Recorder:  Basically keeps track of decisions, ASSIGNMENTS, and due dates.  This person is the key communicator outside of face to face time—gathers everyone’s email and cell phone numbers.

Reporter:  When there's a blackboard, whiteboard or large pad it's very helpful for someone to put important points up.  This visual stimulus drives ideas and discussion moving a project forward.  Yes, this really works.  We have lots of whiteboards at the Library Learning Terrace and study rooms in all of our libraries are equipped with blackboards or whiteboards.  Go for it!

Leader:  Discovers the talents in the group—who has math skills, who has graphic skills, who has writing skills and make assignments accordingly; keeps the group moving on the project, keeps everyone on task.

Manager:  Stays on top of due dates, nags members for their  contributions and keeps all informed about progress.  Key word here:  Organized

The roles listed above can be combined or divided up.  For an effective and efficient group understand these functions are crucial to your successful project.

In online courses, students are required to virtually participate in group projects with three to five students in their teams. Even in a face to face class, usually team members will need to collaborate in a virtual environment in order to share documents and exchange ideas . I came across a nice resource on how to successfully accomplish a group project in a virtual environment.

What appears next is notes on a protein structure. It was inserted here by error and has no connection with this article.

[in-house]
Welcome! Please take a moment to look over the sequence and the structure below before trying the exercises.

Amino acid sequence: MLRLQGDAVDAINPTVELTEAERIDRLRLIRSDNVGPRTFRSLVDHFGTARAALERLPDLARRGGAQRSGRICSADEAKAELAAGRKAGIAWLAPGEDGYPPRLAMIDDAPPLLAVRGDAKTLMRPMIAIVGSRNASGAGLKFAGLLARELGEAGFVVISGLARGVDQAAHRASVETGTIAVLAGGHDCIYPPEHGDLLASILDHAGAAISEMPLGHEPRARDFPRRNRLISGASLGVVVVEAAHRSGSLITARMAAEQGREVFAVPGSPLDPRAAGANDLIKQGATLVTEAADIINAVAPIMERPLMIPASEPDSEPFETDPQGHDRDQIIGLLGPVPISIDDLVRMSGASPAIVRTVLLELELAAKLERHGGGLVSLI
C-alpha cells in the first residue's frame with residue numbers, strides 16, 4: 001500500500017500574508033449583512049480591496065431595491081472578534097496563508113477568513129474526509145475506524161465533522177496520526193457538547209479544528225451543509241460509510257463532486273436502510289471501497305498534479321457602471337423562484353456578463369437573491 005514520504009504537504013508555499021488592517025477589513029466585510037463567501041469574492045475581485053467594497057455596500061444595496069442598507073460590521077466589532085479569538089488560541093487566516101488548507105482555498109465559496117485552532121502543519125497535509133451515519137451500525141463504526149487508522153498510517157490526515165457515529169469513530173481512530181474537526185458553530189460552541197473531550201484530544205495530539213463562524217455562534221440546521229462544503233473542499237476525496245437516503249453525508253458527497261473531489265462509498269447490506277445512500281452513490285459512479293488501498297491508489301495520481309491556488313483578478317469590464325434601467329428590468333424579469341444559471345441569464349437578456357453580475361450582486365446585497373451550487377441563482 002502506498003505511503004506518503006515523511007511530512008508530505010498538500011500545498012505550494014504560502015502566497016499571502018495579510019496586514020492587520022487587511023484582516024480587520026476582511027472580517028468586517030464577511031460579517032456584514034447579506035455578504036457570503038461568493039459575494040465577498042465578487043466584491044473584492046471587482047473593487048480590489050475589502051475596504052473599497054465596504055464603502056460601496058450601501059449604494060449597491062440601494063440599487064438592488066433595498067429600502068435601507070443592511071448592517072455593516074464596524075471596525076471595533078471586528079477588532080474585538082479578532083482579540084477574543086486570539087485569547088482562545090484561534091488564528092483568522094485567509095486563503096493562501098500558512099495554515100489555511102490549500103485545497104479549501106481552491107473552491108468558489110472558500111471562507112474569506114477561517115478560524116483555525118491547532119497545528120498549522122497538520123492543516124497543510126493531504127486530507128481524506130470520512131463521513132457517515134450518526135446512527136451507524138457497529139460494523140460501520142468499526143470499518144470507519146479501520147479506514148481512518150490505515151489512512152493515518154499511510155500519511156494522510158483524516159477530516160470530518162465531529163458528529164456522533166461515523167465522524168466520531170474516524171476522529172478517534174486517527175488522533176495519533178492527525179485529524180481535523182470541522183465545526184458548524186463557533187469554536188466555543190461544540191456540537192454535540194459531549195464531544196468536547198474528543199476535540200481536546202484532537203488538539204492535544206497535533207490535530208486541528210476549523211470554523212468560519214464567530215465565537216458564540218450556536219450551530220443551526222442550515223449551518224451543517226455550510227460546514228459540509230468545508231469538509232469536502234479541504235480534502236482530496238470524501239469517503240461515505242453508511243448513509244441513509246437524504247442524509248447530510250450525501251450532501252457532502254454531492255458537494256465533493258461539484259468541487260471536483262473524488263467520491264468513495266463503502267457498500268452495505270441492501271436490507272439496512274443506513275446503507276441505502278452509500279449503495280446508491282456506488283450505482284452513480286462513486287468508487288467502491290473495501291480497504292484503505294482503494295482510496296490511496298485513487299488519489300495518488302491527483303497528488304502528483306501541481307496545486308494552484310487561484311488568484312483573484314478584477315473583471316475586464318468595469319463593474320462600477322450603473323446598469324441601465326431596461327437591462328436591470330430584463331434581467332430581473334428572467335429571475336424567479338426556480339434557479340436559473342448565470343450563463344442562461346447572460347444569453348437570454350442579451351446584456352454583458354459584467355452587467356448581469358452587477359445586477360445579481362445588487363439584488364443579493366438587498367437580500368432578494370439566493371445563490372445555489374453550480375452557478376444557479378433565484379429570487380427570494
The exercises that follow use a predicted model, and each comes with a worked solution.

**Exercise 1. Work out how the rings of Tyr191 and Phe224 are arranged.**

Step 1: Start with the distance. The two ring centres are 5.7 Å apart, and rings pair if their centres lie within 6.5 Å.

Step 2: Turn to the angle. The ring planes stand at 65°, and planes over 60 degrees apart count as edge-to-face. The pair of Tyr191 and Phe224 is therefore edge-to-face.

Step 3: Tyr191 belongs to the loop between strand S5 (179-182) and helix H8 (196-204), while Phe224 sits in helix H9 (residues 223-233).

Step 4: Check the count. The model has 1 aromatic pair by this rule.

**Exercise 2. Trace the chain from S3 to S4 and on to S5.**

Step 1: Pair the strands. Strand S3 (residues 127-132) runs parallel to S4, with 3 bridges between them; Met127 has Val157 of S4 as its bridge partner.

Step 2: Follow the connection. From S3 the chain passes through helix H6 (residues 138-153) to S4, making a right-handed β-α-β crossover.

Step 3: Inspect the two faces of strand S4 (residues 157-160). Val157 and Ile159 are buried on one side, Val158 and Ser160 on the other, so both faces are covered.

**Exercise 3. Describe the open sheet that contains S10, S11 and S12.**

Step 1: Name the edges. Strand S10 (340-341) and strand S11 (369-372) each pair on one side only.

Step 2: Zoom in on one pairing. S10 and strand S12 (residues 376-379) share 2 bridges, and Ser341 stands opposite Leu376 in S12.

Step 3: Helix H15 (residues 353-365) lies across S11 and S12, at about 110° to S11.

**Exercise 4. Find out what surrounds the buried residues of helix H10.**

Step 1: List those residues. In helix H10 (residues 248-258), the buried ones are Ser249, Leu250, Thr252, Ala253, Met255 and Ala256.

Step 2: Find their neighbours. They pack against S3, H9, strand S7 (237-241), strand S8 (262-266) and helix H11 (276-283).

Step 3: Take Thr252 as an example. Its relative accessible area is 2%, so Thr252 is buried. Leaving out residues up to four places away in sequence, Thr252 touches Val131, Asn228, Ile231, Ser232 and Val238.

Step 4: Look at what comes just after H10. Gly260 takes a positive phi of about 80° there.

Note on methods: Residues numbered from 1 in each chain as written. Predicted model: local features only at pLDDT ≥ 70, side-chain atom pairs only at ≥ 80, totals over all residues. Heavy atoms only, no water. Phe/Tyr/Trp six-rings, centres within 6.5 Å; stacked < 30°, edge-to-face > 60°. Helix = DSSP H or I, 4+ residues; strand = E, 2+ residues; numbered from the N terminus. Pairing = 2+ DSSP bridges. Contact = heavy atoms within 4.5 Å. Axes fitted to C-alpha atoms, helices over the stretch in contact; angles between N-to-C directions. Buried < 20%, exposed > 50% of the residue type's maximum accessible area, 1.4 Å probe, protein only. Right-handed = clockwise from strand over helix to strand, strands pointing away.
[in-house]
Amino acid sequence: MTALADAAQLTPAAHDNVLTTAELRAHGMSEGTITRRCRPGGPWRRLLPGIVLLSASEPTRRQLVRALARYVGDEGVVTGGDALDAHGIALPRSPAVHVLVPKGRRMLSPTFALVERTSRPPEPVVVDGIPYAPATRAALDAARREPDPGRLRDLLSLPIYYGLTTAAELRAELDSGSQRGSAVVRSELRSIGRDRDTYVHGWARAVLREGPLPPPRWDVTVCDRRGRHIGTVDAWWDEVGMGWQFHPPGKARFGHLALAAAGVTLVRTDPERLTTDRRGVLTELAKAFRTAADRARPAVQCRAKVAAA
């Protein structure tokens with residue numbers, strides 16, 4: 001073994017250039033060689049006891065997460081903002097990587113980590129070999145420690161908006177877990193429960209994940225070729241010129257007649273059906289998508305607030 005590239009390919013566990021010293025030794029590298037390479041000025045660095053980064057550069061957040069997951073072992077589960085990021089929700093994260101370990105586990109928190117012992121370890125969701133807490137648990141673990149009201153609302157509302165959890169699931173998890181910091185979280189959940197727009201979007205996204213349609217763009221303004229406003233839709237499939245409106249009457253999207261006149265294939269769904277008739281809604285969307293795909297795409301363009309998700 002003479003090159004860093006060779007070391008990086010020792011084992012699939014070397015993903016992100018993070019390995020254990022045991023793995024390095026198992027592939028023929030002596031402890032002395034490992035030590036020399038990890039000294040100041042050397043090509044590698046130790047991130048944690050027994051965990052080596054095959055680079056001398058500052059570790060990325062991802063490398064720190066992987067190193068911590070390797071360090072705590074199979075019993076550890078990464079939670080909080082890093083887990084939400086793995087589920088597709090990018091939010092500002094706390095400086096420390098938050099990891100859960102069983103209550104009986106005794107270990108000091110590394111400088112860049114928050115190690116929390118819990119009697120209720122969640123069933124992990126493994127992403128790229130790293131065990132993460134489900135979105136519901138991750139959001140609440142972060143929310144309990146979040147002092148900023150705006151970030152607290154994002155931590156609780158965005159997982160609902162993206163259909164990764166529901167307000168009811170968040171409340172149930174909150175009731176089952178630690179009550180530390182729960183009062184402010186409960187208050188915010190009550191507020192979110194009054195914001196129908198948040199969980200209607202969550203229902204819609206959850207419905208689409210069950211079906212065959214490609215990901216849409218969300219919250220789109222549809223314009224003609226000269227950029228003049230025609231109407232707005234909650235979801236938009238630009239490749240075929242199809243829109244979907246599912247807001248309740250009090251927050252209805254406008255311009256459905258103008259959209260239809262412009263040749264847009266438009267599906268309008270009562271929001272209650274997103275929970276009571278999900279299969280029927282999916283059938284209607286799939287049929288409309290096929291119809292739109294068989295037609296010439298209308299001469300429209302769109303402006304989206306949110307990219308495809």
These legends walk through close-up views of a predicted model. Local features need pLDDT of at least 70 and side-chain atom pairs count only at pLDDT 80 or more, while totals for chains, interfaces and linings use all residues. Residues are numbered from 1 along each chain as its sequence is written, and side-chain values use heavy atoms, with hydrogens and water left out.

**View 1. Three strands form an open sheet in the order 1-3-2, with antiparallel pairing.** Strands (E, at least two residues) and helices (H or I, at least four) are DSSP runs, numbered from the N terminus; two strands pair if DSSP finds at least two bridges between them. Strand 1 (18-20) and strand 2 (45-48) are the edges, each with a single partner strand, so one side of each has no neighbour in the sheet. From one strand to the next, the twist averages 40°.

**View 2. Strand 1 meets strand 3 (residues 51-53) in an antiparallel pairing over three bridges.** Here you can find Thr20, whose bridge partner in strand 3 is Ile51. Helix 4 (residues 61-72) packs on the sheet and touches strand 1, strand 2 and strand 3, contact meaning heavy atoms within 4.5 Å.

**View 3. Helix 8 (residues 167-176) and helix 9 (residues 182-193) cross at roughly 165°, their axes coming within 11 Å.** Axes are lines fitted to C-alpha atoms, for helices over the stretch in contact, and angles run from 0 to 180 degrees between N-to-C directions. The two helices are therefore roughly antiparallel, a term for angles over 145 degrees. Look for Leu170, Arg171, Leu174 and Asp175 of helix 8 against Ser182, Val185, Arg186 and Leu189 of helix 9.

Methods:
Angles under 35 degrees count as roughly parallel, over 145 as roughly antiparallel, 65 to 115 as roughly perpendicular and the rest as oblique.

Some excerpts from this resource:

"Distance learning group work is often a challenging task for many online learners. Reasons abound for the complexity associated with this type of online learning assignment; however, group projects are manageable even with all the stories you may have heard from others. The key to success boils down to one basic principle – communication. This leads to building a bond or sense of community with other members in a group.

Besides communication, successful completion of distance learning group assignments and projects requires a proactive mind-set on your part. Once an online learning group project is assigned and group members are identified, it is essential to contact other members immediately to begin building a community within the group. Positive group dynamics is important to building a successful community relationship."

Remember 'Last minute contribution by a group member is a leading contributor of group failure' .
Read the whole article by David R. Wetzel on how to successfully contribute virtually in a group  project at: 

Distance Learning Tips for Online Group Work Success

A nice and informative resource, on teamwork and characteristics  that identify effective teams, is available from the Non Destructive Testing (NDT) Center at 'Teamwork in the Classroom'.

Some excerpts from this resource:

"What is Teamwork?

Teamwork is defined in Webster's New World Dictionary as "a joint action by a group of people, in which each person subordinates his or her individual interests and opinions to the unity and efficiency of the group." This does not mean that the individual is no longer important; however, it does mean that effective and efficient teamwork goes beyond individual accomplishments. The most effective teamwork is produced when all the individuals involved harmonize their contributions and work towards a common goal.

Characteristics of Effective Teams.

The following are eight characteristics of effective teams the were identified by Larson and LaFasto in their book titled Teamwork: What Must Go Right/What Can Go Wrong (Sage Publications 1989).